The Polygon Gallery presents the Canadian premiere of Stan Douglas's Venice Biennale exhibition, 2011 ≠1848
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The Polygon Gallery presents the Canadian premiere of Stan Douglas's Venice Biennale exhibition, 2011 ≠1848
Installation image of Stan Douglas’s 2011 ≠ 1848 at The Polygon Gallery. Photo by Akeem Nermo. Featuring the work: Vancouver, 15 June 2011. Courtesy of the artist, Victoria Miro, London and Venice, and David Zwirner, New York, London, Paris and Hong Kong.

VANCOUVER, BC.- The Polygon Gallery presents Stan Douglas’s 2011 ≠ 1848 from Sept. 9–Nov. 6, 2022, the first stop of a nationwide tour that includes the Remai Modern and National Gallery of Canada. This Canadian premiere follows the exhibition’s unveiling this spring at the Venice Biennale, where it earned critical acclaim for its reflection on the global political unrest of 2011 and the lasting legacy of those movements. The exhibition features Douglas’s signature large-scale photographs and a two-channel video installation.

The photographs depict four different protests and riots from 2011: the start of the Arab Spring in Tunis on Jan. 12 with sit-ins and protests along Avenue Habib Bourguiba; the Stanley Cup riot in Vancouver on June 15; clashes between youth and police in London on Aug. 9; and the arrest of Occupy Wall Street protestors on Brooklyn Bridge in New York on Oct. 1. Douglas created the images by combining meticulous and elaborate re-enactments of the events, high-resolution plate shots of each city site, and aerial documentary footage.

In contrast to the still images, a two-channel video explores music as another powerful form of cultural resistance. The immersive installation depicts a fictionalized collaboration between rappers from London’s Grime and Cairo’s Mahraganat music scenes. Titled ISDN, after a now-outdated mode of transmitting high-quality audio over telephone lines, the video imagines rappers from the two cities exchanging beats and lyrics in improvised studios. The two genres share similarities in their production: both use free or pirated software and employ samples from the Internet.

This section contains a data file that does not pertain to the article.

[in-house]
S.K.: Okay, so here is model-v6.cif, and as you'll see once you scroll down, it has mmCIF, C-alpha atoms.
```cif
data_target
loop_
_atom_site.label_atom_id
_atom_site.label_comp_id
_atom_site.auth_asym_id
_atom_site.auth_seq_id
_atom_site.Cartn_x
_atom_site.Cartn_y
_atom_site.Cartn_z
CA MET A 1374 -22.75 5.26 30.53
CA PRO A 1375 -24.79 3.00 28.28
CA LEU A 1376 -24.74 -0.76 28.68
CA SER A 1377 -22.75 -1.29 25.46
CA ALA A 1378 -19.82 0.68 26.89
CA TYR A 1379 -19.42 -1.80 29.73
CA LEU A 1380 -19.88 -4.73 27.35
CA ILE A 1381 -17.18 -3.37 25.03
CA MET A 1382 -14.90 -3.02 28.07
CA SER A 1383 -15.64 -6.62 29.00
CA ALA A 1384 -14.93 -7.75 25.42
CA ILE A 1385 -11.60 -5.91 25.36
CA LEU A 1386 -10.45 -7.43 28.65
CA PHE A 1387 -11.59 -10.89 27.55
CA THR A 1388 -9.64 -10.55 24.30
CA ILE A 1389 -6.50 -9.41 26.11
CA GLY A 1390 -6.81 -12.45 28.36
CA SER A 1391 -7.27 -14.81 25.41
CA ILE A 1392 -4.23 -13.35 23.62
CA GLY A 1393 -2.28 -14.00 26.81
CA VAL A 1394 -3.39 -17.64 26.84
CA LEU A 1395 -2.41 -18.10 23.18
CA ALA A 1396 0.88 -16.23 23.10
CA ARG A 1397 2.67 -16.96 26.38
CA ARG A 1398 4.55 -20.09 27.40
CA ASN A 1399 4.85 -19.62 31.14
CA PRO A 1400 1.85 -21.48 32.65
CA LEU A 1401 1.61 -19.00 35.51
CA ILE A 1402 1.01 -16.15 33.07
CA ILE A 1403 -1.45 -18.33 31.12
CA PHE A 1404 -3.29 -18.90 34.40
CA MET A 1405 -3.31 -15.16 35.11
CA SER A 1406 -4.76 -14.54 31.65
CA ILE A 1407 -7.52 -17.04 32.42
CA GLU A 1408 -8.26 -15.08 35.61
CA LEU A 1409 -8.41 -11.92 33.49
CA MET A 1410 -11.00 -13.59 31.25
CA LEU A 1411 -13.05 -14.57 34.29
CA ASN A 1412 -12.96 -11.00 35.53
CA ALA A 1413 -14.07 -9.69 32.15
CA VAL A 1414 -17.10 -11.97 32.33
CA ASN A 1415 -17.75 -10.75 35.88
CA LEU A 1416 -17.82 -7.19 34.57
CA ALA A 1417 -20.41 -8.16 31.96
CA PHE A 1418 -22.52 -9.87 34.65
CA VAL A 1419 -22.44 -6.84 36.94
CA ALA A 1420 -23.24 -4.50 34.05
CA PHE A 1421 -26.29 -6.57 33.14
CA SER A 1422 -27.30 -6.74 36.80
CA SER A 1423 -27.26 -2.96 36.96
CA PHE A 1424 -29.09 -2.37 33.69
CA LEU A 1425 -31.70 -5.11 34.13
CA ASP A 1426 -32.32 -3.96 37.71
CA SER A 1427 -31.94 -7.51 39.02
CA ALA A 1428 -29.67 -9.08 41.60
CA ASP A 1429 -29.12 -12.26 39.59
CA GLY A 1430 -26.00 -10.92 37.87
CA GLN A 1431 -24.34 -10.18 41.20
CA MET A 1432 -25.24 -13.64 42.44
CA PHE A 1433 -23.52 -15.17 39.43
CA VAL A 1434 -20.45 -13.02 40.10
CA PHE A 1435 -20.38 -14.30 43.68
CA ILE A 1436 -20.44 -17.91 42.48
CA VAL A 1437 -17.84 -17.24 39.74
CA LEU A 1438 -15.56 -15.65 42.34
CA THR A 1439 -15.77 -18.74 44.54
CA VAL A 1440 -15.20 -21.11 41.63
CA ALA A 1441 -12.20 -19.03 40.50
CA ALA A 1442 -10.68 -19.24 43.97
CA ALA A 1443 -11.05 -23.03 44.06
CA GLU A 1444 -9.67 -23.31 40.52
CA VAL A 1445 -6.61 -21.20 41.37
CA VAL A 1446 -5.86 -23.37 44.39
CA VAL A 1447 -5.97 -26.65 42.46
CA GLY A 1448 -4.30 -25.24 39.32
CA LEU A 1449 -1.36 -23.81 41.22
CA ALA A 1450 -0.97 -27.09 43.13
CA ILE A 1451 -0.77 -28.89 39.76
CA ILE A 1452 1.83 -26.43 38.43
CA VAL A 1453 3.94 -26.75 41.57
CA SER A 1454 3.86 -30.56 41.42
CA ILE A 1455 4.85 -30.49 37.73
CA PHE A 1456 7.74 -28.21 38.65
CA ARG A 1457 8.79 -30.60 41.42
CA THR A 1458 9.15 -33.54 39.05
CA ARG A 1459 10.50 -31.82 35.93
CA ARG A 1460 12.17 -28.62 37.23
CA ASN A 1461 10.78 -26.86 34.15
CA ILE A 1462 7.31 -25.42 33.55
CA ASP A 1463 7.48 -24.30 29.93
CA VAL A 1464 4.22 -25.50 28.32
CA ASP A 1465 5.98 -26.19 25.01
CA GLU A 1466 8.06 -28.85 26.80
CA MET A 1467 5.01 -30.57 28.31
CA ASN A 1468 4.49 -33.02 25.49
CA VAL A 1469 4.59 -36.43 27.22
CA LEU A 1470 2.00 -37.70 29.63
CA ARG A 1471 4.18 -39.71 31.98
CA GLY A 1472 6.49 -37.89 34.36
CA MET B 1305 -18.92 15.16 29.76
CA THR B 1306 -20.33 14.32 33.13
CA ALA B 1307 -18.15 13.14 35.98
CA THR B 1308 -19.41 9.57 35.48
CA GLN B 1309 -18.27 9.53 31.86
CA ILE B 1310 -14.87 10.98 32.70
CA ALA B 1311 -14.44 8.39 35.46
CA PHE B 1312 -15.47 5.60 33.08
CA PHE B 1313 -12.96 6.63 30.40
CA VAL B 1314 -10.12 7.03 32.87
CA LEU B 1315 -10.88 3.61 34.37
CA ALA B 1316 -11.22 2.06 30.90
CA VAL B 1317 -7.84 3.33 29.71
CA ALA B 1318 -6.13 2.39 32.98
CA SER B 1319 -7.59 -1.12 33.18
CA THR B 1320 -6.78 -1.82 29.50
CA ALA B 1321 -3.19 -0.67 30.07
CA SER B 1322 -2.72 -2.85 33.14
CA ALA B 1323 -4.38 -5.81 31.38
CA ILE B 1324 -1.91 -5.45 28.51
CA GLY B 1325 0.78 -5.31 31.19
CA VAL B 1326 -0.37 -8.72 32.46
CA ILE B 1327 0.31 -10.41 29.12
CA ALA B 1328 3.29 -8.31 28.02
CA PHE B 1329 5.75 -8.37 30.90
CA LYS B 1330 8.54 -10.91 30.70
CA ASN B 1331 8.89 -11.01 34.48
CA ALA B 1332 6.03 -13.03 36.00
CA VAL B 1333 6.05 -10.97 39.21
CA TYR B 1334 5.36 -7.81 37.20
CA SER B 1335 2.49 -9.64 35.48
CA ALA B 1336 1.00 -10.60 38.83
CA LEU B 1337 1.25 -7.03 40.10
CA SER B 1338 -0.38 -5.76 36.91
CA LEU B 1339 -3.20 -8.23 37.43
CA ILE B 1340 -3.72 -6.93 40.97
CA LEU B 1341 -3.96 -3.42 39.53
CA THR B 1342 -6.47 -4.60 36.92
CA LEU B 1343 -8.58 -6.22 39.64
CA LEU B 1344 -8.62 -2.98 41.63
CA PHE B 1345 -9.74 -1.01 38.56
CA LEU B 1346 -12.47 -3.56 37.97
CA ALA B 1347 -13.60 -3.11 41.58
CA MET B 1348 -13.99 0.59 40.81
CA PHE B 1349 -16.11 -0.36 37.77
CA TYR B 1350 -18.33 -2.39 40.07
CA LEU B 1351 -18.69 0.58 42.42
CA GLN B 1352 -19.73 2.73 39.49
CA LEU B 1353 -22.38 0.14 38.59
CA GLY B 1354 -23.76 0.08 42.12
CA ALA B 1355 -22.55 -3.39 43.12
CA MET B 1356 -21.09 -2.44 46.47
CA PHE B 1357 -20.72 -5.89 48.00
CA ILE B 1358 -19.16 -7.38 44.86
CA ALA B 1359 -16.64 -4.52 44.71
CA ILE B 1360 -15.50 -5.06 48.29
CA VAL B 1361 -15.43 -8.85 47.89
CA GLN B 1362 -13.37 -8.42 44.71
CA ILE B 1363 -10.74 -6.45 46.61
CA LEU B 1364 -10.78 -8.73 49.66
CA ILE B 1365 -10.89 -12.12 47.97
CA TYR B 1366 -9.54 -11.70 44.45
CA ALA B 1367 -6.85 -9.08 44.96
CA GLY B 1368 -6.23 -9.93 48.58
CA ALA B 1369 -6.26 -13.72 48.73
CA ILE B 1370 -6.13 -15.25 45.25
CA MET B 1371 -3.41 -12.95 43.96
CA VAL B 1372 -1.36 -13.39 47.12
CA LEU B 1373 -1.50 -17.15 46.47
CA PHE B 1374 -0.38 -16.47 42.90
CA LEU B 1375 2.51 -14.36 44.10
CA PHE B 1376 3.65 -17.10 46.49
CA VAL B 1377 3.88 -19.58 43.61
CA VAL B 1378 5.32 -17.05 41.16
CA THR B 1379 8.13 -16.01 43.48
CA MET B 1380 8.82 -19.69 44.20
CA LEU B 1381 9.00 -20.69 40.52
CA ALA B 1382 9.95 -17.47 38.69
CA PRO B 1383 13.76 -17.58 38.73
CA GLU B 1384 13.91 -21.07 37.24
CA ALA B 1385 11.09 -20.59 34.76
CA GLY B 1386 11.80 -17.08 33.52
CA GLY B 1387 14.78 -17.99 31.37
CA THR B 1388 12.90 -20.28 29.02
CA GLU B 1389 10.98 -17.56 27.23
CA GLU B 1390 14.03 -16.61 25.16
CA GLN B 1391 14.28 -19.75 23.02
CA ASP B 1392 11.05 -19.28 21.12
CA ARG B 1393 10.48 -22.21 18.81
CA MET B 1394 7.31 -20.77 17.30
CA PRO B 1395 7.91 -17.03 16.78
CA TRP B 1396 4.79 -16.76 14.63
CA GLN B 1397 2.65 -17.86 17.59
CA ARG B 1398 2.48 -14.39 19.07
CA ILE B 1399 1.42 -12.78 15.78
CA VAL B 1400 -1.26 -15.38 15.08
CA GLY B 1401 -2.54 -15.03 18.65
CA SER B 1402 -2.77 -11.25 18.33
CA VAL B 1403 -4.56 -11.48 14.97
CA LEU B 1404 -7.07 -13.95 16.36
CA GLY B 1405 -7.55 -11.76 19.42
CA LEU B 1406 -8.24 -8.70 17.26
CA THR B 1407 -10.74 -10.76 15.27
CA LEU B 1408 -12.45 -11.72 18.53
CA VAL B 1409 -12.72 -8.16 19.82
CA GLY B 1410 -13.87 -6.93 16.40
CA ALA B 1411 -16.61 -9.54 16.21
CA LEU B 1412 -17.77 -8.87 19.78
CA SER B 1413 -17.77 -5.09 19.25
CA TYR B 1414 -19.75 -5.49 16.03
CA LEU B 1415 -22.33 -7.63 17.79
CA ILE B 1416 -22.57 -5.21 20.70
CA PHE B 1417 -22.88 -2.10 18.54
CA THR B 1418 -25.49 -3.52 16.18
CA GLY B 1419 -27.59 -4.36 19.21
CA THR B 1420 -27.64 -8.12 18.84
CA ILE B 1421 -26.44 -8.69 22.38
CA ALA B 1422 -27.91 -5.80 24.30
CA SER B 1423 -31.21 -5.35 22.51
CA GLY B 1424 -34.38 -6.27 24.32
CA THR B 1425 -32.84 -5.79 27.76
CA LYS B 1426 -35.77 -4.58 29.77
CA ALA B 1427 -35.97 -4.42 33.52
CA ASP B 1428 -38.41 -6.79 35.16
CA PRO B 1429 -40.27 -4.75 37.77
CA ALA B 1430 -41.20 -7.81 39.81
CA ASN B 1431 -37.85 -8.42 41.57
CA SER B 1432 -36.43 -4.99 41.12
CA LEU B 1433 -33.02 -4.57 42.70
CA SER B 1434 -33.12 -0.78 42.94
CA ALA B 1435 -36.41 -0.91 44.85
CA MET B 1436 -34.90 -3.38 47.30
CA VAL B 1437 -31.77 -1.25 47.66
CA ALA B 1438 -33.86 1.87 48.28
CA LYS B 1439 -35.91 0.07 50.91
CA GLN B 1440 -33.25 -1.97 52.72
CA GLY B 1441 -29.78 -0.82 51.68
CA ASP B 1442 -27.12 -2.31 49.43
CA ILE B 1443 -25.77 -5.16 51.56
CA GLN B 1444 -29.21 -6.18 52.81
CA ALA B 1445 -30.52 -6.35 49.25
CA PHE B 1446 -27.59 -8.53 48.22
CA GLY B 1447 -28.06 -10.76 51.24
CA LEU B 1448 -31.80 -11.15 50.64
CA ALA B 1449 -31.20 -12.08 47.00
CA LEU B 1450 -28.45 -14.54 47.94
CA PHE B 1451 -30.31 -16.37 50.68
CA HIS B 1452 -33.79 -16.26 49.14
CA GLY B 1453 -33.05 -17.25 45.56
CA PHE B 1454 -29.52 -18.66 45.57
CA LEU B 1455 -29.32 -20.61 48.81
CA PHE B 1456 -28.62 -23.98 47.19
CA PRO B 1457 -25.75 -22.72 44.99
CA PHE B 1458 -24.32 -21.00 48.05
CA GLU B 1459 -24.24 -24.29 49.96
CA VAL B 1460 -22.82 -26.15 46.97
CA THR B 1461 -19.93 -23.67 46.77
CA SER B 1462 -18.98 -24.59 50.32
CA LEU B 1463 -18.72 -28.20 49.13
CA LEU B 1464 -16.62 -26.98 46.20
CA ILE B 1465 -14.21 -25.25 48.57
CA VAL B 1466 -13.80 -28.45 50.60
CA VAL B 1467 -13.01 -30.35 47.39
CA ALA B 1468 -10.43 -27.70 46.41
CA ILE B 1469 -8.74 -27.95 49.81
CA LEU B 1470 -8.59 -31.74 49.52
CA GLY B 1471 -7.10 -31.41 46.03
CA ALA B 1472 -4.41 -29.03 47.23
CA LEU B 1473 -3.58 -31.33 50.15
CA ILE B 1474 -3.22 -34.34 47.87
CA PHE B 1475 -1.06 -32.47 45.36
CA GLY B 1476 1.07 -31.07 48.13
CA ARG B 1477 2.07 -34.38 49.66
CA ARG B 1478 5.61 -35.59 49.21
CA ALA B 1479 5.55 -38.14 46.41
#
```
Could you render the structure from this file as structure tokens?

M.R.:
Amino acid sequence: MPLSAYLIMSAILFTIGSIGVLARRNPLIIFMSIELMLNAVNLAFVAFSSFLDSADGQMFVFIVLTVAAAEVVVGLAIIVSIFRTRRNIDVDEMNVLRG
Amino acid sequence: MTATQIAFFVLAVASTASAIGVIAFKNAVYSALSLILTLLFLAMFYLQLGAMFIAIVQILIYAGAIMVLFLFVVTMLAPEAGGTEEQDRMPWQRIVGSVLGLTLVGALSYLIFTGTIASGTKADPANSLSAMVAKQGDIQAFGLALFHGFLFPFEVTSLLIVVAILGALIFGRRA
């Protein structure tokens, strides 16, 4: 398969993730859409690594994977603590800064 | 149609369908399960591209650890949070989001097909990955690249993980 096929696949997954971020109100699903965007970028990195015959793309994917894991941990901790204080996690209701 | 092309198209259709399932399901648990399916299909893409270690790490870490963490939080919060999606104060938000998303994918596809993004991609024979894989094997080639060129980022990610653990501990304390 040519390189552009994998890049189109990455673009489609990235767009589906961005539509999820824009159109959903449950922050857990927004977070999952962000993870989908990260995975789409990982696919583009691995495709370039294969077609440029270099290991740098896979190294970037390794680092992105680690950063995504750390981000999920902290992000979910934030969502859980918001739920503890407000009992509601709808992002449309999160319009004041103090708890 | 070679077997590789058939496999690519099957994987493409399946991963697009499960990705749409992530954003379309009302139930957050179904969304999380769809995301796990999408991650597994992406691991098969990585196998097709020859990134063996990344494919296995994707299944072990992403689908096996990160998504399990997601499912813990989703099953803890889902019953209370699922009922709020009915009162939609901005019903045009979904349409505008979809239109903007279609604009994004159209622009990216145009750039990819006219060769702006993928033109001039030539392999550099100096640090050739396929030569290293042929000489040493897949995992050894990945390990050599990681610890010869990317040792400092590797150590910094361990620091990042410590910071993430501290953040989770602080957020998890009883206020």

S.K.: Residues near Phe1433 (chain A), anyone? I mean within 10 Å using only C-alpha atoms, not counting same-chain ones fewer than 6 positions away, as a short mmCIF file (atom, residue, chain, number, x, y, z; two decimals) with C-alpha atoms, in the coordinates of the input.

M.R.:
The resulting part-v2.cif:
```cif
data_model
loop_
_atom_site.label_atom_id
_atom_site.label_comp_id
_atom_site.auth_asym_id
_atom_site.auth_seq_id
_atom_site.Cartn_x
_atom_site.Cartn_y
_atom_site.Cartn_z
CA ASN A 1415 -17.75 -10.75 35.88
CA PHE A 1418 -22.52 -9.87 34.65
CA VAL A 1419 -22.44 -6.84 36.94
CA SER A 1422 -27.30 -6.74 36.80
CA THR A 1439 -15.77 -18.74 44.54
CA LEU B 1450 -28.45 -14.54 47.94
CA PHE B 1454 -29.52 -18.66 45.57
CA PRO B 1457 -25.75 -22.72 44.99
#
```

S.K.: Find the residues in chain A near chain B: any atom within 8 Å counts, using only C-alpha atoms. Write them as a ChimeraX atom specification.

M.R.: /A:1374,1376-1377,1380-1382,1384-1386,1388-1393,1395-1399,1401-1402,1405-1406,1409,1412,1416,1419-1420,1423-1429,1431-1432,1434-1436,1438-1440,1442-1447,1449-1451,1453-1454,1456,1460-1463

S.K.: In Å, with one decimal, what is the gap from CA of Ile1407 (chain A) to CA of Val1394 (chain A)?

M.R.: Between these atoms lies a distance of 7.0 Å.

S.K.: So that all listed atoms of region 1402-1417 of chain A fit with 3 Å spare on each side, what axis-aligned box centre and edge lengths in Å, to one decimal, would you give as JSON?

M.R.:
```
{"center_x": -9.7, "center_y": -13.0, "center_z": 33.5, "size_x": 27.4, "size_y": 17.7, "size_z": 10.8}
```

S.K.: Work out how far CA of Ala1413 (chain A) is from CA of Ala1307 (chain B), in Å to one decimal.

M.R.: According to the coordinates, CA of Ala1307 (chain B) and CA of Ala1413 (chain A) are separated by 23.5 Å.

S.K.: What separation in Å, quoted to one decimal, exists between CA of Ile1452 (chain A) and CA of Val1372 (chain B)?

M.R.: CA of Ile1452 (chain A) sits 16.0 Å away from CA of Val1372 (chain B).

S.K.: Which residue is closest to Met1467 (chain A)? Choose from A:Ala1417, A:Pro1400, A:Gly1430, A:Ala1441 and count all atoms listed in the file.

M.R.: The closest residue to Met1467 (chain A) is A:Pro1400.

ISDN presents Grime and Mahraganat as the soundtrack to the 2011 revolts, highlighting the nature of how information spreads in today’s era of social media and 24-hour news cycles. This is in contrast with the Revolutions of 1848, a series of social and political upheavals across Europe that spread through print media. As the exhibition title suggests, Douglas draws a comparison between the socially, politically, and economically driven protests of 2011 with the earlier uprisings.

“2011 ≠ 1848 is a meditation on the parallels and dissimilarities of these two years,” says Reid Shier, curator of the exhibition and Director of The Polygon. “The revolutions of 1848 have been called the Springtime of Nations, though it would be decades after the events of that year before Europe would see significant political change. Comparatively, it’s far from certain how the activism, riots, and occupations that erupted across the globe in 2011 might become manifest in years to come. History has a way of playing out in radically unforeseen ways, and this exhibition presents a nuanced and complicated way to think about its trajectory.”

The Polygon will present the photographs and videos in the same space for the first time. For the project’s unveiling in Venice, Douglas’s photographs were exhibited in the Canada Pavilion in the Giardini and ISDN was located at Magazzini del Sale, a 16th-century salt warehouse. The Vancouver exhibition will also feature a fifth photograph, London, 2011-08-09 (Mare Street), a companion to Douglas’s Pembury Estate image depicting the London riots in Hackney.

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